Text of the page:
Melville Heights is one of the nicest neighborhoods in Bristol, England; home to doctors and lawyers and old-money academics. It’s not the sort of place where people are brutally murdered in their own kitchens. But it is the sort of place where everyone has a secret. And everyone is watching you.
As the headmaster credited with turning around the local school, Tom Fitzwilliam is beloved by one and all—including Joey Mullen, his new neighbor, who quickly develops an intense infatuation with this thoroughly charming yet unavailable man. Joey thinks her crush is a secret, but Tom’s teenaged son Freddie—a prodigy with aspirations of becoming a spy for MI5—excels in observing people and has witnessed Joey behaving strangely around his father.
One of Tom’s students, Jenna Tripp, also lives on the same street, and she’s not convinced her teacher is as squeaky clean as he seems. For one thing, he has taken a particular liking to her best friend and fellow classmate, and Jenna’s mother—whose mental health has admittedly been deteriorating in recent years—is convinced that Mr. Fitzwilliam is stalking her.
Meanwhile, twenty years earlier, a schoolgirl writes in her diary, charting her doomed obsession with a handsome young English teacher named Mr. Fitzwilliam…
My Thoughts: From the beginning of Watching You, there is a hint of impropriety and deep dark secrets, and when the handsome and charming Tom Fitzwilliam strides through the town and seems to thrive on the attention he gets, you just know that bad things are going to happen.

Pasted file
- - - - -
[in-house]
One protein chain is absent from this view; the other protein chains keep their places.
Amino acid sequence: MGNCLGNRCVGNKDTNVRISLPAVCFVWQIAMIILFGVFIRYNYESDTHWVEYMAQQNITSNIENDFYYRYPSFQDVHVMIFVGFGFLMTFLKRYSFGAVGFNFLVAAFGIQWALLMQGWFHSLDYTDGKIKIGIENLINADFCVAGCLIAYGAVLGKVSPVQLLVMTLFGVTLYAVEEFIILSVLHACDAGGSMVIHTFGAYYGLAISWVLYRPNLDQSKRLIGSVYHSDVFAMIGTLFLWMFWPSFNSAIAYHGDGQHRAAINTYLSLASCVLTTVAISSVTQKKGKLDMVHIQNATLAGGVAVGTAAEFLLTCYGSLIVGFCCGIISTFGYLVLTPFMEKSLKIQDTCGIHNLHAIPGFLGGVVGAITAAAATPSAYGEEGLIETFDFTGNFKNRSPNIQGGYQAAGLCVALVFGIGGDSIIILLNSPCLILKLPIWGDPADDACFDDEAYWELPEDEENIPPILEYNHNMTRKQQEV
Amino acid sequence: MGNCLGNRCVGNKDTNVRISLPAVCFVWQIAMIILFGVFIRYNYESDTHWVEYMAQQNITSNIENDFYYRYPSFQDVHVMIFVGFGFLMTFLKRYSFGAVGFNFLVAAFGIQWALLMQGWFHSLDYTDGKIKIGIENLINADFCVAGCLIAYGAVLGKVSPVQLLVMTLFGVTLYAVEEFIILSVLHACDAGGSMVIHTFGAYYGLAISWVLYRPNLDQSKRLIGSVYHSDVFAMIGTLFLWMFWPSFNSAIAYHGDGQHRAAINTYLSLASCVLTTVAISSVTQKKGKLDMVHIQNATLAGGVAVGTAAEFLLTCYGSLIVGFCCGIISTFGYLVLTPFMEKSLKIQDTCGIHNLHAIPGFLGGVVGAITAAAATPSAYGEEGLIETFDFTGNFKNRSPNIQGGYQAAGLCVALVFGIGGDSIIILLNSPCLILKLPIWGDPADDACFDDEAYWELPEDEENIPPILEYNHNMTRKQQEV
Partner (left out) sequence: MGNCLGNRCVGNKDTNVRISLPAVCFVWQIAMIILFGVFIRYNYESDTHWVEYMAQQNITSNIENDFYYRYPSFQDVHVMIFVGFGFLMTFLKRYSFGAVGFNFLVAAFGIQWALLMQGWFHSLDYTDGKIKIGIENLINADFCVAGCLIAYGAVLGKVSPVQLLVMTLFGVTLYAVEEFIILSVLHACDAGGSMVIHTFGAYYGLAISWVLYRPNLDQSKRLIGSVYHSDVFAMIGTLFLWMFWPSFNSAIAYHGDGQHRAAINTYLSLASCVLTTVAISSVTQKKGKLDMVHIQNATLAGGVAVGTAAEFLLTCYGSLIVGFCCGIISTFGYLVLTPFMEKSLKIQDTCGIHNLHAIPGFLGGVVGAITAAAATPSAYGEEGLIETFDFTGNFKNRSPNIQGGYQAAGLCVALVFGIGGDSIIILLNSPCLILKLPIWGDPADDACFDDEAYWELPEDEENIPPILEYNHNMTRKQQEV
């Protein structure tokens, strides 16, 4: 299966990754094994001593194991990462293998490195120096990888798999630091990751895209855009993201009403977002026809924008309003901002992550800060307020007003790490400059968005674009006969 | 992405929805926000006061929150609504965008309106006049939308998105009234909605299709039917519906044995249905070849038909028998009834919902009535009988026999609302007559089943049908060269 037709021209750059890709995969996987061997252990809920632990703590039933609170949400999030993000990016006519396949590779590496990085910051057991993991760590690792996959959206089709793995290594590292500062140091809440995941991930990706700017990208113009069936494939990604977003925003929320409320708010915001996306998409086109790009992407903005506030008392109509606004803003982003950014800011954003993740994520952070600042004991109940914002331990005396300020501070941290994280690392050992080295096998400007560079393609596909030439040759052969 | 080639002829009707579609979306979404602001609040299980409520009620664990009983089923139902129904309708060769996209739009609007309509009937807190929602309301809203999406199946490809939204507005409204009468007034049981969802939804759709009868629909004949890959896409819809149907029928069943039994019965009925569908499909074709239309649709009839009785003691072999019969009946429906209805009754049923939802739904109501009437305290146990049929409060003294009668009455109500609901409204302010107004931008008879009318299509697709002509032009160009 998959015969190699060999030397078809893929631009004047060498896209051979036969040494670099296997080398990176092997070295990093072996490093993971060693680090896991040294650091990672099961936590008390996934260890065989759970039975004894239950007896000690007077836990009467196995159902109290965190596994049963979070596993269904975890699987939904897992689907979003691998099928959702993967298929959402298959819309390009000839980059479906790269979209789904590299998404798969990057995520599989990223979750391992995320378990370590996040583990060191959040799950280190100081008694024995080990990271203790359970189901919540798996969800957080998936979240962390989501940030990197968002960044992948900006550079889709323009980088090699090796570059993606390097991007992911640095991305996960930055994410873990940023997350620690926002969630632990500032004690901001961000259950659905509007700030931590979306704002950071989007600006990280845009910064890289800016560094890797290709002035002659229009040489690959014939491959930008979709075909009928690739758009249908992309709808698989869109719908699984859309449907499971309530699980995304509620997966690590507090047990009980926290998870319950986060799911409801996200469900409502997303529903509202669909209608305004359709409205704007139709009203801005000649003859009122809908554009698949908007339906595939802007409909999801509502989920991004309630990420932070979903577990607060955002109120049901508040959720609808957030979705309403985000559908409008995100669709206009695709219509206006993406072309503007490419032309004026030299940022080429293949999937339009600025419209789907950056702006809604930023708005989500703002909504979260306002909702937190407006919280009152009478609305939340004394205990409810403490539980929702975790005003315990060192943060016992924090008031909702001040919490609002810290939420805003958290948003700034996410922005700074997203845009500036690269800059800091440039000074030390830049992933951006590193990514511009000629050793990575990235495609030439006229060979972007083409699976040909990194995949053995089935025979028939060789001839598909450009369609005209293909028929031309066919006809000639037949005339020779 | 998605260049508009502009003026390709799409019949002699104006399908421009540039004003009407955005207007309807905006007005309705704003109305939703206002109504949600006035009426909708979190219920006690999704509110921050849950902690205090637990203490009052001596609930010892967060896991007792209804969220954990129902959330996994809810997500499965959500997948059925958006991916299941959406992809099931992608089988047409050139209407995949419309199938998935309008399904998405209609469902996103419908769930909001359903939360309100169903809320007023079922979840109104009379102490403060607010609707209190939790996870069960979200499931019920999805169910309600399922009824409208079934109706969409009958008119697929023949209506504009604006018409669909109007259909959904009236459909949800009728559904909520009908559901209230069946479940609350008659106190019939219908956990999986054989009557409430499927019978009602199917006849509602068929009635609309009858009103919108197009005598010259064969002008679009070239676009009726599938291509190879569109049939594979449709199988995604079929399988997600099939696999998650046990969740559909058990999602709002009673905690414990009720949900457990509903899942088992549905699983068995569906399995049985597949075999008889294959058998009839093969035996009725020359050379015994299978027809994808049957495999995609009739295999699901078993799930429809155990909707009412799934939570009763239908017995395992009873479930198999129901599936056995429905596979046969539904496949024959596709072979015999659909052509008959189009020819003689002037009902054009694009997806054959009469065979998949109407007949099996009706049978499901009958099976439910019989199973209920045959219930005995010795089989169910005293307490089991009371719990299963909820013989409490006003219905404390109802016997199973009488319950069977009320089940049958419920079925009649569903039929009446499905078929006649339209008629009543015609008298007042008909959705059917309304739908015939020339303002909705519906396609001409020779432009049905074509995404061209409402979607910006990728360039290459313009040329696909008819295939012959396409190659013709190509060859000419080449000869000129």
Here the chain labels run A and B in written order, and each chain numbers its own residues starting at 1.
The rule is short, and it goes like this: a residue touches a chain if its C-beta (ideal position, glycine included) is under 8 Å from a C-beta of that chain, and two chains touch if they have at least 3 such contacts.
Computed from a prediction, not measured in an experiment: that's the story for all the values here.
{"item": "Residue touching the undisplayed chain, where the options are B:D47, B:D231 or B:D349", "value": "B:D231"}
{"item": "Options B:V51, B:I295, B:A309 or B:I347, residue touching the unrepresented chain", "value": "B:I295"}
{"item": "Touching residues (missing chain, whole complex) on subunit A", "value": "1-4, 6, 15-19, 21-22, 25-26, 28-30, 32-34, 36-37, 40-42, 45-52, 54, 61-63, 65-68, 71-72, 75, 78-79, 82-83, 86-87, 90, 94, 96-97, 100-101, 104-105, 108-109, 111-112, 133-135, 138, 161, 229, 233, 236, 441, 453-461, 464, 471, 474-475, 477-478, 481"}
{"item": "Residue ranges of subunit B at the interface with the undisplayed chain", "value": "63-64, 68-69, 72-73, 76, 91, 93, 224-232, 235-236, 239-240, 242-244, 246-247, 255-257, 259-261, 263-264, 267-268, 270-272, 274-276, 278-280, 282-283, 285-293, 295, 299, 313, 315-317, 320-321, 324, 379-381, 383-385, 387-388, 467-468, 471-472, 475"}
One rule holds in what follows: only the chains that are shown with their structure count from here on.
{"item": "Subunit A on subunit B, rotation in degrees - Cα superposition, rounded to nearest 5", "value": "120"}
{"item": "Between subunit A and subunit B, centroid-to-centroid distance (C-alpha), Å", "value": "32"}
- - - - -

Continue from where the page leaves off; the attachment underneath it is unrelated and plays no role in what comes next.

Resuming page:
The story unfolds in alternating narratives, and slipped into the story are the investigative notes of a detective who is trying to solve a murder case.
I liked that not everyone thought Tom Fitzwilliam was so perfect. Jenna’s mother seemed to have him figured out. Unfortunately, some of her ramblings made others think she was mentally ill, and perhaps she was. But that didn’t necessarily mean that her conclusions were wrong.
Then there is the young girl Jenna, and she wasn’t fooled by Tom, and red flags went up for her when she watched him.
Tom’s son Freddie is also quite the observer. He photographs his subjects, those who interest him.
What will all the watching lead to? What will each of the residents decide about Tom? Could there be secrets from the past that will be revealed in a startling way? Who is the killer and who is the victim? Just when I thought I had it figured out, the author turns it all on its head, and then I thought: But of course! 5 stars.